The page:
Watch “Stewardship with Vision: Malpia Borderlands Group” & “Escape” on TERRA.
Laurence is originally from the sunny shores of Charleston, South Carolina. Always intrigued with the natural world, she obtained her Bachelors of Science from Clemson University in Conservation Biology. Her love for wildlife brought her all the way to Montana State University where she is pursuing a M.F.A in Science and Natural History Filmmaking. Laurence has produced films for the USGS and Southern Environmental Law Center.
TERRA: What inspired you to make a film about the Malpai Borderlands Group?
LA: This film is the second episode in an ongoing project by the Western Landowner’s Alliance, a non-profit organization of conservation-minded farmers and ranchers in the North American West, and the Science and Natural History Film Program at Montana State University. WLA hopes that these films will advance stewardship of critical Western North American landscapes through creative and compelling storytelling.
TERRA: Give us a behind-the-scenes snapshot of what life was like in the field.
LA: One of the cool things about MBG is how broad their focus is and how much ground they cover (almost a million acres). We only had three days in the field to film, so each day was packed from sun-up to sun-down. A lot of our time was spent working closely with ranchers and scientists that showed us around the area and took us to project areas.
TERRA: How did you find the ranchers for the film?
LA: I worked closely with WLA and Bill McDonald, executive director of MBG, to set up all of the interviews for the film.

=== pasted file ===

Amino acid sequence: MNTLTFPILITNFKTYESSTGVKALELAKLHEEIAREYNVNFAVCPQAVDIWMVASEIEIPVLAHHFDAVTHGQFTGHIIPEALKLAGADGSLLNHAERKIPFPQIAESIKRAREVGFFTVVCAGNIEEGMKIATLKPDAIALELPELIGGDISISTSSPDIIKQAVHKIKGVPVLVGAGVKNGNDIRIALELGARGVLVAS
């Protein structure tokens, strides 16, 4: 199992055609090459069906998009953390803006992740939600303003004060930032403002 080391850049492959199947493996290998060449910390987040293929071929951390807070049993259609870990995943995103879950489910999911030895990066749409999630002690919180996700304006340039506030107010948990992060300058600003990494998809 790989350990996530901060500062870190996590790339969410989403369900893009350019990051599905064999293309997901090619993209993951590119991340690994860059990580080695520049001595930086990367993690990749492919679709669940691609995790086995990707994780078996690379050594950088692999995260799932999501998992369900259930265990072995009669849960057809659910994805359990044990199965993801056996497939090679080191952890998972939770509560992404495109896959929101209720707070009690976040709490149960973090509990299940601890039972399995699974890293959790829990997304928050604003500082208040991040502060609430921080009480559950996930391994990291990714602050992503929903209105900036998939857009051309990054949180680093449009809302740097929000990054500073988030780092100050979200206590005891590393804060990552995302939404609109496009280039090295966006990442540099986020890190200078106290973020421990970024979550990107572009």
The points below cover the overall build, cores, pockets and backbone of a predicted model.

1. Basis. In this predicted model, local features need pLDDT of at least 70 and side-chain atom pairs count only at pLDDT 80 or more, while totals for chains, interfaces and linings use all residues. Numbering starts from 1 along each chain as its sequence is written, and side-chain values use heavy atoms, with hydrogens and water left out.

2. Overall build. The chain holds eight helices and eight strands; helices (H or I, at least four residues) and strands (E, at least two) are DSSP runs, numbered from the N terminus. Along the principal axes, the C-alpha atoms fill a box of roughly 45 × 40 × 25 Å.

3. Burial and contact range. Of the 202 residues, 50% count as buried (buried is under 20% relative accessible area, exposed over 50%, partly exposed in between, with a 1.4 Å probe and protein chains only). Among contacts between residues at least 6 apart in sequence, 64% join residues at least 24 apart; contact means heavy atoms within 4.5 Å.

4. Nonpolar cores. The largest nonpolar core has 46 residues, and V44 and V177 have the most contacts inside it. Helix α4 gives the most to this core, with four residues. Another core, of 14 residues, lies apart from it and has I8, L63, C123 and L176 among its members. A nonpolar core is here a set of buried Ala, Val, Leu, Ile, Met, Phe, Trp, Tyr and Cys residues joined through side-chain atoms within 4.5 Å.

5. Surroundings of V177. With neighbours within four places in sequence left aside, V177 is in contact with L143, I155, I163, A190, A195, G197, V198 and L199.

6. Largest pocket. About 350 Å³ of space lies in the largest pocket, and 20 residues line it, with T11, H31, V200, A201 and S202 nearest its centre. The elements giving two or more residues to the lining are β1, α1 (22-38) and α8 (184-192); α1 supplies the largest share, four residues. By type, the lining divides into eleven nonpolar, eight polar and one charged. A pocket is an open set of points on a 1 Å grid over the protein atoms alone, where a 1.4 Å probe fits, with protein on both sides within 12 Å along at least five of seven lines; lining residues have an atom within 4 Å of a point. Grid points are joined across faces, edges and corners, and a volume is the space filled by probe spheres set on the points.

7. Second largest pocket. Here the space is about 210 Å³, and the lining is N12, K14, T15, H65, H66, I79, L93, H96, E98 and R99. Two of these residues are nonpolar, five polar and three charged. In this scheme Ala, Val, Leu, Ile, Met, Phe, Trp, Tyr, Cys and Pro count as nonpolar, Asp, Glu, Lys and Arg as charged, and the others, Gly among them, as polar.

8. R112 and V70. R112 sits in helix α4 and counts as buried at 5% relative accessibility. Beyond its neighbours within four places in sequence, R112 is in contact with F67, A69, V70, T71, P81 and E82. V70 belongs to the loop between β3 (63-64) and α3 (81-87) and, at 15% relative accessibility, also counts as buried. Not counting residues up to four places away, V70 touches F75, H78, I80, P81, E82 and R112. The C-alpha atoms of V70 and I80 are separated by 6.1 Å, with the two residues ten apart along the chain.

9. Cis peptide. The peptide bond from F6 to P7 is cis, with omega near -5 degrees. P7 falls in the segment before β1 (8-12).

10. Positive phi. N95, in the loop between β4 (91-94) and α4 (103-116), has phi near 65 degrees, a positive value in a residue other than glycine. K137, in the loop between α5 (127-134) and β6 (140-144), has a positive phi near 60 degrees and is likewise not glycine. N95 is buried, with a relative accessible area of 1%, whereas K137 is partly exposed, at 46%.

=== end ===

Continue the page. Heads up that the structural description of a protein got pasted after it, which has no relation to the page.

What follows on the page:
TERRA: How did you find your crewmembers?
LA: It was a very small crew for this film – myself and cinematographer Roshan Patel. Rosh and I have worked together in the past, and I knew I wanted him to help out with this project because he’s such a talented cinematographer and overall great filmmaker.
TERRA: What types of equipment did you use? Do you have a favorite piece?
LA: For this film I was really happy to have along a GoPro. It’s a pretty inexpensive camera, but you can put it just about anywhere - including underwater. Having it along allowed us to capture underwater footage of endangered fish. I think it adds a cool touch to the film, because it’s such an unexpected habitat to see in the middle of a desert.
TERRA: What are the 3 things you’d never go into the field without and why?
LA: I never go into the field without sunscreen and a hat. I’m vampire pale and crisp right up when in the sun for too long, so protection is essential in sunny locales like Arizona. I also always take my Leatherman along. Whether you have to perform field surgery on a piece of equipment or just attach a camera plate, a good multi-tool is a must have for any shoot.
TERRA: What were the best and worst parts about filming on a ranch?
LA: Ranchers start their days with the sun, so that meant we had to wake up long before sunrise in order to drive to shooting locations and set up gear. Some days we had to get up as early as 3 am to be ready on time, but the great thing about ranchers is they’re accustomed to waking up at all hours of the night so always had breakfast ready for us before we left to film for the day. Another great aspect of filming on a ranch is that the ranchers have such a wealth of knowledge about their land. They live and work on it everyday so really have some great stories and wonderful insights.